I have a friend who has enjoyed a long successful career as a published novelist. More than once we took part in the same panel at a writer’s conference. Whenever it came time to field questions from the audience I came to expect — actually anticipate — that some bright-eyed, eager novice would direct a particular question at my friend. It wasn’t so much the question that I anticipated as her answer.
One of the biggest misconceptions about getting a book published is that the publishing company will take care of the marketing. Generally speaking, that’s not true. There are basically three different ways to get your book published. You can self-publish your own book. You can use a small independent publisher or if you’re an established author, you can use one of the big publishing houses like Penguin or Random House. Regardless which of these options you use, you will still be left with the responsibility for the marketing.
Publishing a book is one of the best ways to position yourself as an expert in your field. Not only that but the book demonstrates your expertise in its best and most organized format. And perhaps the biggest advantage of all is that your book allows people to be introduced to your expertise without you doing a thing. Yes, you have to write it and get it published. And you also have to market it. But after that, you can sit back and let people read it on their own time.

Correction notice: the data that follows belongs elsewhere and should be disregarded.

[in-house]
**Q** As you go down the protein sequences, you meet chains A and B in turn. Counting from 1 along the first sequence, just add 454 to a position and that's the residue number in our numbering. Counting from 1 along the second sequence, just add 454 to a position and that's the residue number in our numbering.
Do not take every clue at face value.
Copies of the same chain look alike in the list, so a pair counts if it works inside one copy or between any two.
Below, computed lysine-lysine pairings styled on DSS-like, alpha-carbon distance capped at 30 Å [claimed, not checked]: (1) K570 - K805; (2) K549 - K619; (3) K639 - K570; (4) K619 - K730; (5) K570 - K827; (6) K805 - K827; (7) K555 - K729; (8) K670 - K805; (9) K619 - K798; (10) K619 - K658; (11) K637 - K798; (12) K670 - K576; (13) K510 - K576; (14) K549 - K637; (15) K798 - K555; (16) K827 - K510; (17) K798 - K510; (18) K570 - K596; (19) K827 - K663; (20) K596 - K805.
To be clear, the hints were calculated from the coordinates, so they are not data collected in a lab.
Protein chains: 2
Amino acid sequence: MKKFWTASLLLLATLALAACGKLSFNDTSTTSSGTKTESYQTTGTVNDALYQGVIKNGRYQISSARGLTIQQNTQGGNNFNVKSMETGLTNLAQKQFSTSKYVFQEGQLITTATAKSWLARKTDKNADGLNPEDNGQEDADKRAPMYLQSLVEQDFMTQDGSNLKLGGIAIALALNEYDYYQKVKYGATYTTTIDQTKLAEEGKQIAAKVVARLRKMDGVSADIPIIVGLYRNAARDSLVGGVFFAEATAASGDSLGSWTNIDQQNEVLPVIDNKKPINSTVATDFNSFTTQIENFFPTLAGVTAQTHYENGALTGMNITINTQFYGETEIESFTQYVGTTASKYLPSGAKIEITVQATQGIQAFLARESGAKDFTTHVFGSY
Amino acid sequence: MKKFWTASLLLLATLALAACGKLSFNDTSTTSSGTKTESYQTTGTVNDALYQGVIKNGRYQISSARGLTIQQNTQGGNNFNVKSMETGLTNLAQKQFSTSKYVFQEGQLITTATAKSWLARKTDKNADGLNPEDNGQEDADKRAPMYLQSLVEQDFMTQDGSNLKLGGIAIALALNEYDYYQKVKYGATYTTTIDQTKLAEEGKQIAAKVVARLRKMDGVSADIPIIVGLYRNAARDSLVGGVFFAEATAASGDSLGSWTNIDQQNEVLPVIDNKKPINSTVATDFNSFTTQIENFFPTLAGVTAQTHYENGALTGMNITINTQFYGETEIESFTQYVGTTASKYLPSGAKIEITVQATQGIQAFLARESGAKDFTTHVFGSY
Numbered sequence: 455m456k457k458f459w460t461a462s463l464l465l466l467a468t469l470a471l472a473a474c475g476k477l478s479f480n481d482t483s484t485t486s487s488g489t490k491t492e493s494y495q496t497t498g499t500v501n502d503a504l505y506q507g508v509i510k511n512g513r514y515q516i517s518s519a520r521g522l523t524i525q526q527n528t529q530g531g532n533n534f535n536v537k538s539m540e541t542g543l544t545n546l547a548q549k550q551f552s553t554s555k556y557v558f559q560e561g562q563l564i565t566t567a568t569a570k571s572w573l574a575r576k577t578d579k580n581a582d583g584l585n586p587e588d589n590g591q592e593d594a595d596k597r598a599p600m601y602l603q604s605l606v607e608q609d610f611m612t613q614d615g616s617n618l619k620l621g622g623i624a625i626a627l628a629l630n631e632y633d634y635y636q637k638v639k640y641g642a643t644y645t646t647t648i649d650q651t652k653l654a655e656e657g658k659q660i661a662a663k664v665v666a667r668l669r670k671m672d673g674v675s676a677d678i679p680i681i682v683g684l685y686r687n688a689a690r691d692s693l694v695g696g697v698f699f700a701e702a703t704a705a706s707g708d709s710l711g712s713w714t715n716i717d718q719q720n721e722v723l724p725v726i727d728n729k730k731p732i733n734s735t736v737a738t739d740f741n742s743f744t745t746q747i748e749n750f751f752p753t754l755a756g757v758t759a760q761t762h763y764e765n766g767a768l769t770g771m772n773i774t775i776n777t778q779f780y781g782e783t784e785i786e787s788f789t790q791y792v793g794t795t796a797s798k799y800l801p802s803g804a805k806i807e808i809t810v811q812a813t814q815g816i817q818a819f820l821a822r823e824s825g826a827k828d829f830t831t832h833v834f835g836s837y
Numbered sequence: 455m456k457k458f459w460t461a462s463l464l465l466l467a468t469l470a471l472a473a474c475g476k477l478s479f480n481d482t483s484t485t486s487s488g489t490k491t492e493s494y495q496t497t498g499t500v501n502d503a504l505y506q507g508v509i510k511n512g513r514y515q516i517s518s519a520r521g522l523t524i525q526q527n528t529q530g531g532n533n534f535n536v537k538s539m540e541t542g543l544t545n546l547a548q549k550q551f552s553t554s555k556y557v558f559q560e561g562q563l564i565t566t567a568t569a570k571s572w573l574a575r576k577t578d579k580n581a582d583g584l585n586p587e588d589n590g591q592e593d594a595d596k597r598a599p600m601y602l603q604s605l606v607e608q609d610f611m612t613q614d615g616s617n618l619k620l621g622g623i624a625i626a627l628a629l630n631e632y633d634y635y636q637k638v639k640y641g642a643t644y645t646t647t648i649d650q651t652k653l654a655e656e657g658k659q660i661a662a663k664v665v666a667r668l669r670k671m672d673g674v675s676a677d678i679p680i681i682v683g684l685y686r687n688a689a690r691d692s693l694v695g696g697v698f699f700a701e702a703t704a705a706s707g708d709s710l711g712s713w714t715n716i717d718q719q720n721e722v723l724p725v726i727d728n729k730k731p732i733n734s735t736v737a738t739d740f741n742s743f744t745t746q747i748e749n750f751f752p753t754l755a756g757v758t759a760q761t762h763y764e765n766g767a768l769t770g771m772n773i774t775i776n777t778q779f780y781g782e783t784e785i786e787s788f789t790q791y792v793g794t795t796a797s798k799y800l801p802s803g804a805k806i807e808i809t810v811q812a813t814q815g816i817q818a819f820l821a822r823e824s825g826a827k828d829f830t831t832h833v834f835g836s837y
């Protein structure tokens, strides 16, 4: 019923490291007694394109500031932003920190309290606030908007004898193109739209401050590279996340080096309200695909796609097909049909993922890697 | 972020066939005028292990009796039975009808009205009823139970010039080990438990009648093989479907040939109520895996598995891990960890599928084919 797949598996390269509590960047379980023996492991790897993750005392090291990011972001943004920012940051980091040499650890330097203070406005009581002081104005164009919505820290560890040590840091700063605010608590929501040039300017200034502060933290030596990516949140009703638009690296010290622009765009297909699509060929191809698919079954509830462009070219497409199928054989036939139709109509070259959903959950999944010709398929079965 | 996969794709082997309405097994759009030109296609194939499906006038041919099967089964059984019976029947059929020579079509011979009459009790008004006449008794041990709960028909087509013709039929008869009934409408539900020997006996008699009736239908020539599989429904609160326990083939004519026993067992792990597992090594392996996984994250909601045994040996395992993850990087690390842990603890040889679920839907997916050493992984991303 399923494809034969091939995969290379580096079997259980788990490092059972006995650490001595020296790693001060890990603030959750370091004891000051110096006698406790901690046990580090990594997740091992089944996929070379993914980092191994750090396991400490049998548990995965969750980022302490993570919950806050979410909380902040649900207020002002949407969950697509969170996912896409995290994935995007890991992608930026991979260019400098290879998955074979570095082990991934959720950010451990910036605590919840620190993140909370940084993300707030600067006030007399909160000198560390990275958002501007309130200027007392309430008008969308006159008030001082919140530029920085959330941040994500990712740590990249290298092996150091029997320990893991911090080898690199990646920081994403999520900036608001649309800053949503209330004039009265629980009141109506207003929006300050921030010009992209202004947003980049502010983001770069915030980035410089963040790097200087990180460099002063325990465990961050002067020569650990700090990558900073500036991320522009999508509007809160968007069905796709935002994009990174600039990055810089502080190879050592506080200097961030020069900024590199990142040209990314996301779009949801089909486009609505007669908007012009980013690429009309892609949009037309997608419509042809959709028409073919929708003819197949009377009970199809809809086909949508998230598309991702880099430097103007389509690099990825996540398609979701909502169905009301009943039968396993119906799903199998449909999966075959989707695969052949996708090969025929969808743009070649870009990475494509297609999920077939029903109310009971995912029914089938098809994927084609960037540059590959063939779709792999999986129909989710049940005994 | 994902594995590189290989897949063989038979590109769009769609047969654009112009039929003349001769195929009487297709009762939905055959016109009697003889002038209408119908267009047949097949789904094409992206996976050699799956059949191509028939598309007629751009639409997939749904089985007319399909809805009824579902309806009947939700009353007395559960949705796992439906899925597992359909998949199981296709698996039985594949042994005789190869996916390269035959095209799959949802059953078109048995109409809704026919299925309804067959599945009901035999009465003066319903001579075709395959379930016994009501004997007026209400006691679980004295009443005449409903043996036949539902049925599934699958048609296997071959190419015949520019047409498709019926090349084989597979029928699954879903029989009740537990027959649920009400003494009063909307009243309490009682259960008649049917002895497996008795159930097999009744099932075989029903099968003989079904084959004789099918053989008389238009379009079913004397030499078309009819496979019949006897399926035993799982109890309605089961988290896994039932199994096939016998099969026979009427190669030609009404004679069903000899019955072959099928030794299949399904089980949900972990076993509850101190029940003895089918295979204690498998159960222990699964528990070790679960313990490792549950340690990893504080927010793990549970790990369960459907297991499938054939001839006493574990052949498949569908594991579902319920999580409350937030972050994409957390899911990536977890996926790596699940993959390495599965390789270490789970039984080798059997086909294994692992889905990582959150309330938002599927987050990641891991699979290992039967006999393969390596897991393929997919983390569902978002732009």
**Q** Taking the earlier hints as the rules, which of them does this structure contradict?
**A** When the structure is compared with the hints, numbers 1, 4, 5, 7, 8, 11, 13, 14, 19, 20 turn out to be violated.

If you are serious about your writing, in fact even if you aren’t, you need a web site. Let me repeat that — every writer needs a web site!
Raising your level of writing needs you to focus on bigger things, like having your work published for example. This is a surefire way to encourage yourself to go beyond your current limitations and weaknesses as a writer. Taking the step from writing as a hobby towards writing professionally and having an article or a piece published is indeed a big leap for anyone. It needs a long-term commitment, discipline and an almost endless source of inspiration to be able to write constantly and creatively. Not only does it entail having to do intensive research, but it also pushes the writer to find a certain niche from which he can excel.
Moreover, you have to be able to gauge your own work and consciously maintain a higher level of quality as compared to when you were just writing on a journal or your own blog. This leaves the question of how one learns how to write well. How can you raise your level so that it is up to par with what is asked and required of you as a professional writer?